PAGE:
Several incidents in Dr. Moore’s life may be of interest. In the 1890’s he was in Sydney, Australia, where he met Bailey, a famous “Apport” medium and for two weeks attended séances in Bailey’s home. People from all over the world attended these séances, including the well known American financier, Leland Stanford. Dr. Moore stated that Bailey was chained hand and foot, seated in a small cubicle enclosed in heavy wire netting and securely locked. On one occasion Bailey’s control requested a large tub to be placed in the center of the room and filled with water. At the conclusion of the séance when the lights were turned up, the tub was found to be filled with rare specimens of live fish from the four quarters of the globe. On another occasion rare flowers from the Artic, the tropics, the Sahara Desert and other distant parts of the world were apparently dropped from the ceiling.

Also, he stated that he saw for himself the trunks of large trees uprooted and brought into the circle with damp earth still clinging to their roots. He affirmed that a competent group of investigators had thoroughly satisfied themselves on he solidity of the walls, floors, and ceilings and had stood guard at the only exit, which was securely bolted during the demonstrations so that such objects would not have been brought in by human means.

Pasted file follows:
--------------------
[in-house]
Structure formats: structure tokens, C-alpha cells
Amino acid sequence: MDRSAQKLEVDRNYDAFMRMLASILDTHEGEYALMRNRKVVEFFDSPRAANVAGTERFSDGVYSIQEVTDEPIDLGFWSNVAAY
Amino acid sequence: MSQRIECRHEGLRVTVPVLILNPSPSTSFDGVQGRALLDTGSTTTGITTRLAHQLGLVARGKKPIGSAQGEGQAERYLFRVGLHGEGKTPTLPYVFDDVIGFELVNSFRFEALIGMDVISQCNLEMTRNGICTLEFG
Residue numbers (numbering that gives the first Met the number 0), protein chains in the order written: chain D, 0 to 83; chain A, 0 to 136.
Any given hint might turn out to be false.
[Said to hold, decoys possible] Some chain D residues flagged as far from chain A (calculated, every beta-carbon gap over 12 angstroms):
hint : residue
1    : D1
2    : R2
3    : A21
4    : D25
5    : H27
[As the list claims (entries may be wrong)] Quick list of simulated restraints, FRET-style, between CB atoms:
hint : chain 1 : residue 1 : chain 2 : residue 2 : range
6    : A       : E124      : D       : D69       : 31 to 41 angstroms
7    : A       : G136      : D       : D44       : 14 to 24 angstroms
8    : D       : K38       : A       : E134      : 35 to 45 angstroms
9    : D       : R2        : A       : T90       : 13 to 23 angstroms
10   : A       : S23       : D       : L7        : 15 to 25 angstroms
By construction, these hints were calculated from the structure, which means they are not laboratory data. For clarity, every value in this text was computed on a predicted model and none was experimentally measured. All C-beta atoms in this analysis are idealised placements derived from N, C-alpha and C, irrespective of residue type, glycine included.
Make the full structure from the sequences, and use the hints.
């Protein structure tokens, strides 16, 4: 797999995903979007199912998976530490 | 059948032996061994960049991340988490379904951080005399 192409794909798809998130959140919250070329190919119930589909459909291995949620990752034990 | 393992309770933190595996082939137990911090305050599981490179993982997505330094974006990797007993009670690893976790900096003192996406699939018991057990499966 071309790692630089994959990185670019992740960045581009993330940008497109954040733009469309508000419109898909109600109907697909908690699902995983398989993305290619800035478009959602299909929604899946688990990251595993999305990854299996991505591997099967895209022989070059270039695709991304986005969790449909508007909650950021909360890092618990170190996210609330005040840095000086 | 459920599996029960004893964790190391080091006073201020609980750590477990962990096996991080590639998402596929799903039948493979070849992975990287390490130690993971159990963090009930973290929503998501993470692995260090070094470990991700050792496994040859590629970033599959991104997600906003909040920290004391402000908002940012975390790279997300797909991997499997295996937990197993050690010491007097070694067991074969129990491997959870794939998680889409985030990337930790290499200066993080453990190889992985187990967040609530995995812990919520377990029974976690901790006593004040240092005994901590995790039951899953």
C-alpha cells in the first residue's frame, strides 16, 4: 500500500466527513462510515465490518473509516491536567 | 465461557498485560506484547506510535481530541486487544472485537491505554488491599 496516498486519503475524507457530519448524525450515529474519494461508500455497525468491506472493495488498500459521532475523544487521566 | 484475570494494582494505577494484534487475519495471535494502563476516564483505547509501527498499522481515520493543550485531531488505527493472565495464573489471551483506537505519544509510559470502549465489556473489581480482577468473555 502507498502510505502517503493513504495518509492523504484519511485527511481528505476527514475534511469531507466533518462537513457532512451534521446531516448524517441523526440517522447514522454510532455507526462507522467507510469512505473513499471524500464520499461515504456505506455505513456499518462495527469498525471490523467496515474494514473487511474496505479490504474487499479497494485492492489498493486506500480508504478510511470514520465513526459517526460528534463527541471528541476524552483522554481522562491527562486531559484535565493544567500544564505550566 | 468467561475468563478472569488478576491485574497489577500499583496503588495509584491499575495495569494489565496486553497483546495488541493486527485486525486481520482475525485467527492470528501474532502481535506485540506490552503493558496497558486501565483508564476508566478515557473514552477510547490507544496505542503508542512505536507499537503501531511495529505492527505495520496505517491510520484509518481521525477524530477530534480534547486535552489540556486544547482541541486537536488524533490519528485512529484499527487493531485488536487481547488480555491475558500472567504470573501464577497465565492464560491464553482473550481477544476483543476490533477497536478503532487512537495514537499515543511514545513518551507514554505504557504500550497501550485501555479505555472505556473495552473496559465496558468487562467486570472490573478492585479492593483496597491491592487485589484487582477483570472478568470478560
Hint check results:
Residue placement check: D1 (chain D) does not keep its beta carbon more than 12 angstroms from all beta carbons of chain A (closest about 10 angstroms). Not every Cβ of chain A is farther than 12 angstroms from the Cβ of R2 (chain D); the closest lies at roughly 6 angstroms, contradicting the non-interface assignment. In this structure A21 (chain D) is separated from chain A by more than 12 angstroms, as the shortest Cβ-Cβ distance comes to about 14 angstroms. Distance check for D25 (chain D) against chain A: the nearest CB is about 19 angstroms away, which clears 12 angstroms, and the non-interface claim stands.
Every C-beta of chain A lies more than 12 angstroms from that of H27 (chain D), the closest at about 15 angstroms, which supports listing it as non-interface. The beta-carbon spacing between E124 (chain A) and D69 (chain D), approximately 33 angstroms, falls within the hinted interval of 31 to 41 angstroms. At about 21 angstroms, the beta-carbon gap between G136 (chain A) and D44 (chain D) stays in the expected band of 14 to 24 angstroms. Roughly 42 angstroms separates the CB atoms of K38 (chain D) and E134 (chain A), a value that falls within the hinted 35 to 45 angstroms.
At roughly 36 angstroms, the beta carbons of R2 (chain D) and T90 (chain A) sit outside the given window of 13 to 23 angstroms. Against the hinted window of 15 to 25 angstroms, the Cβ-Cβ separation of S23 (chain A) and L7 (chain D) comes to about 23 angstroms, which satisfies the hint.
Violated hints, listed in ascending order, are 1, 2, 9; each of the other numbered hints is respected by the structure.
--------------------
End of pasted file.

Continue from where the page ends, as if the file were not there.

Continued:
Dr. Moore affirmed that this psychic had lived and died in comparative poverty, never being allowed or willing to accept such “Apported” articles, but of the many rare vases, urns, jewelry and other antiques which had appeared in these circles, a great number were given to Leland Stanford. In his will, or in remarks to others, Mr. Stanford had requested that a room in the museum of the University (which bears his name) be set aside for the display of these articles.

Once in El Paso, Texas, Dr. Moore was thrown into jail on a complaint that he was a charlatan. The judge was a stern jurist, very skeptical on the reality of the “so-called” phenomena and was inclined to administer a fine. Whereupon, Dr. Moore invited the judge to attend a materialization séance that night, which invitation was accepted and sentence suspended pending further evidence. Much to the judge’s surprise, an old Chinaman whom he had sentenced and condemned for the murder of his wife, appeared during the séance and conversed with the judge, who was so thoroughly convinced and amazed that the case was dismissed.

Dr. Moore lived in New York City for several years and for many years resided in Philadelphia, the last two decades of his life being spent on the Pacific Coast, chiefly in San Diego.

I first became acquainted with Dr Moore by “chance” when I was on leave of absence from a mid-western university and on vacation. At that time, in January, 1930, he was minister of the First Spiritualist Church of San Diego, and I “dropped in” one Sunday morning partly from curiosity I must confess. To my surprise, I heard a very inspiring sermon and spiritual message from a dynamic speaker who gave a concluding demonstration in “Psychography” and who announced that on the following Thursday evening a materializing séance would be held in the home of Mrs. Rockwell, a refined lady and member of his congregation, and only a limited number would be admitted by appointment.